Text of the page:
I said at the beginning that I moved the amendment with very little enthusiasm because I did not think there was a very big point to be made. There is a point, however, and I want to explain it. To simplify the matter, let us speak of the railway company instead of the merchandise carrying companies, because there is only the railway company in it. As the section stands, the scheme is this: A railway company applies for a licence, and the Minister must grant it whether that application is made before or after the appointed day. If an existing carrier applies before the appointed day the Minister must grant a licence. If the application is made after the appointed day by a person, not the railway company, the Minister then may grant the licence, but only if he is satisfied about certain things. The important thing is that the railway company is not willing to supply adequate transport facilities in the area. That is the present scheme. I approve of that policy. I want the railway company given the first chance to develop new routes, to cover any route that is not covered by an existing carrier, or where they think they can cover an area better. The Minister is only bound to grant a licence either to the railway company or to an existing carrier if the application is made before the appointed day. If it is made after that the Minister, in furtherance of his present policy and in present circumstances, ought to grant the licence to the railway company, and he can do that without my amendment. I simply say, is it possible that circumstances will develop to the point that the railway company, although professing to supply an adequate service, will not supply it? The Minister operating this Bill has, in fact, to supply it, and to stir the railway company into better activity he has this threat that he will give somebody else the licence for that area. I say that the circumstances do not appear to me likely or probable at the moment, but they might occur. Supposing there are new circumstances and that in fact, the railway company finds itself hampered so that it is not able to undertake this; that it might profess itself willing but not able to undertake it. Is it right to throw upon any Minister, or the same Minister wanting to operate a different policy, the necessity of coming to the Dáil to get legislation?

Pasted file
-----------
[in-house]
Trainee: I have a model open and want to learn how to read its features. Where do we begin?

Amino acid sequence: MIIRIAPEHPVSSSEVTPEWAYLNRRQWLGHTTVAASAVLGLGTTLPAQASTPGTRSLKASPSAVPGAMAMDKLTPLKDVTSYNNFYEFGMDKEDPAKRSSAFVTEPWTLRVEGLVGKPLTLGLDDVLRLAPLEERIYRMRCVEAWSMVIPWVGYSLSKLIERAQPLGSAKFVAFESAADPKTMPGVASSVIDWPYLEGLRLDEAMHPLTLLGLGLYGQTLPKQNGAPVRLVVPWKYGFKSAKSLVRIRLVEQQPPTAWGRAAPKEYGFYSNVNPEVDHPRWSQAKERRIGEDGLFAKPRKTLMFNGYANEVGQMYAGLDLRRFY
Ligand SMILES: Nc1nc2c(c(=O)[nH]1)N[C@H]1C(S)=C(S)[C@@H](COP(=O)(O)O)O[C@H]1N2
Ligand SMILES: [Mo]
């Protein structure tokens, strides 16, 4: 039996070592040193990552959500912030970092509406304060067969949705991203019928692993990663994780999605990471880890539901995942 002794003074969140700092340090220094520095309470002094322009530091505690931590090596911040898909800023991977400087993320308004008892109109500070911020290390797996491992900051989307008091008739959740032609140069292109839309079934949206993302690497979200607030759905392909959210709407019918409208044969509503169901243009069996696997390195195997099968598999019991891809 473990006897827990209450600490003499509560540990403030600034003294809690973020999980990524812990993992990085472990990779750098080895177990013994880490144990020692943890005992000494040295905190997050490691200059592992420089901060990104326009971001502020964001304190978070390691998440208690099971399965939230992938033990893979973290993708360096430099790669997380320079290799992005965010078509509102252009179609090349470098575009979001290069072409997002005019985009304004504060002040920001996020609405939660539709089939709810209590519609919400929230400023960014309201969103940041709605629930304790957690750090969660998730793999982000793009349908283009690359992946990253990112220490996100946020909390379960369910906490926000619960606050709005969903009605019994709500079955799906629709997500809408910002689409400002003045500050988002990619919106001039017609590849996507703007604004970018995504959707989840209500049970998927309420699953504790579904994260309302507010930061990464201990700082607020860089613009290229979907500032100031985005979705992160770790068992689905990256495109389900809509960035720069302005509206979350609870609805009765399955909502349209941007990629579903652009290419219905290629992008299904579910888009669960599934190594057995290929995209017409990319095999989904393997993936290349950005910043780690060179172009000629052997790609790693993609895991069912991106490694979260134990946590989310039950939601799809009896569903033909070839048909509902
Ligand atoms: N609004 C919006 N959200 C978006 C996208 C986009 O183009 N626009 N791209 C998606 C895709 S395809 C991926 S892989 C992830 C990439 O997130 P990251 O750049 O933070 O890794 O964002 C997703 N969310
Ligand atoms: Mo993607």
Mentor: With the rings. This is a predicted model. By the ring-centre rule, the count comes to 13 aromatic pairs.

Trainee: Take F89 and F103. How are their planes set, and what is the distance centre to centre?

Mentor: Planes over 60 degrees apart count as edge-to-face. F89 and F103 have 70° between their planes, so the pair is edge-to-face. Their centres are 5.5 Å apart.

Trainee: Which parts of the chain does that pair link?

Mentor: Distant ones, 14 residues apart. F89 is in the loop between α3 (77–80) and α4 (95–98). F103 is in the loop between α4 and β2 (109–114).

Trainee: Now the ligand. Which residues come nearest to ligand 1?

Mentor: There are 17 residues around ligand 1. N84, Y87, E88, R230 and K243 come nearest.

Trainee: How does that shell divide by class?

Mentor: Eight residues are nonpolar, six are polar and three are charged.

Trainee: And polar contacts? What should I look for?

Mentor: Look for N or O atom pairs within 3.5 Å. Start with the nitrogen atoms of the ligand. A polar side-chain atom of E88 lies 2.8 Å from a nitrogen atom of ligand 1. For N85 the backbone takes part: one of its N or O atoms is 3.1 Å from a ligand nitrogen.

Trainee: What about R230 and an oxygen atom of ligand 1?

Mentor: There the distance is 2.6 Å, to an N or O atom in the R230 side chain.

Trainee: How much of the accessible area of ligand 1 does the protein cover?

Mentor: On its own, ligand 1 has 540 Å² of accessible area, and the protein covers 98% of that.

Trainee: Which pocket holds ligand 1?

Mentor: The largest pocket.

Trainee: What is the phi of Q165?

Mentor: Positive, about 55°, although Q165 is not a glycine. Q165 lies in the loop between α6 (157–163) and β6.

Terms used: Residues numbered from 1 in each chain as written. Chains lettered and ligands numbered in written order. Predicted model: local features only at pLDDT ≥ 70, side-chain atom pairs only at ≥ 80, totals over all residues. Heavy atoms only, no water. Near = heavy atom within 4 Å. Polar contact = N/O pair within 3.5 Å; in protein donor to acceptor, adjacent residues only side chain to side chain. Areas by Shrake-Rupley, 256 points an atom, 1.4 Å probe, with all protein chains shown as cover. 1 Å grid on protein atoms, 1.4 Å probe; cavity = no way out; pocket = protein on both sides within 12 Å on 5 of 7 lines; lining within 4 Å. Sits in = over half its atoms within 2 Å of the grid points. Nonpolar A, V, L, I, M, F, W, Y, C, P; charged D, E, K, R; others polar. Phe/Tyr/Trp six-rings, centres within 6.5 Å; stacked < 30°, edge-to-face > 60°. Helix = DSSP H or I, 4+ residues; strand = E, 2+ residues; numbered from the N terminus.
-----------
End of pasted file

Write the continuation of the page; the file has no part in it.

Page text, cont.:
It will not apply.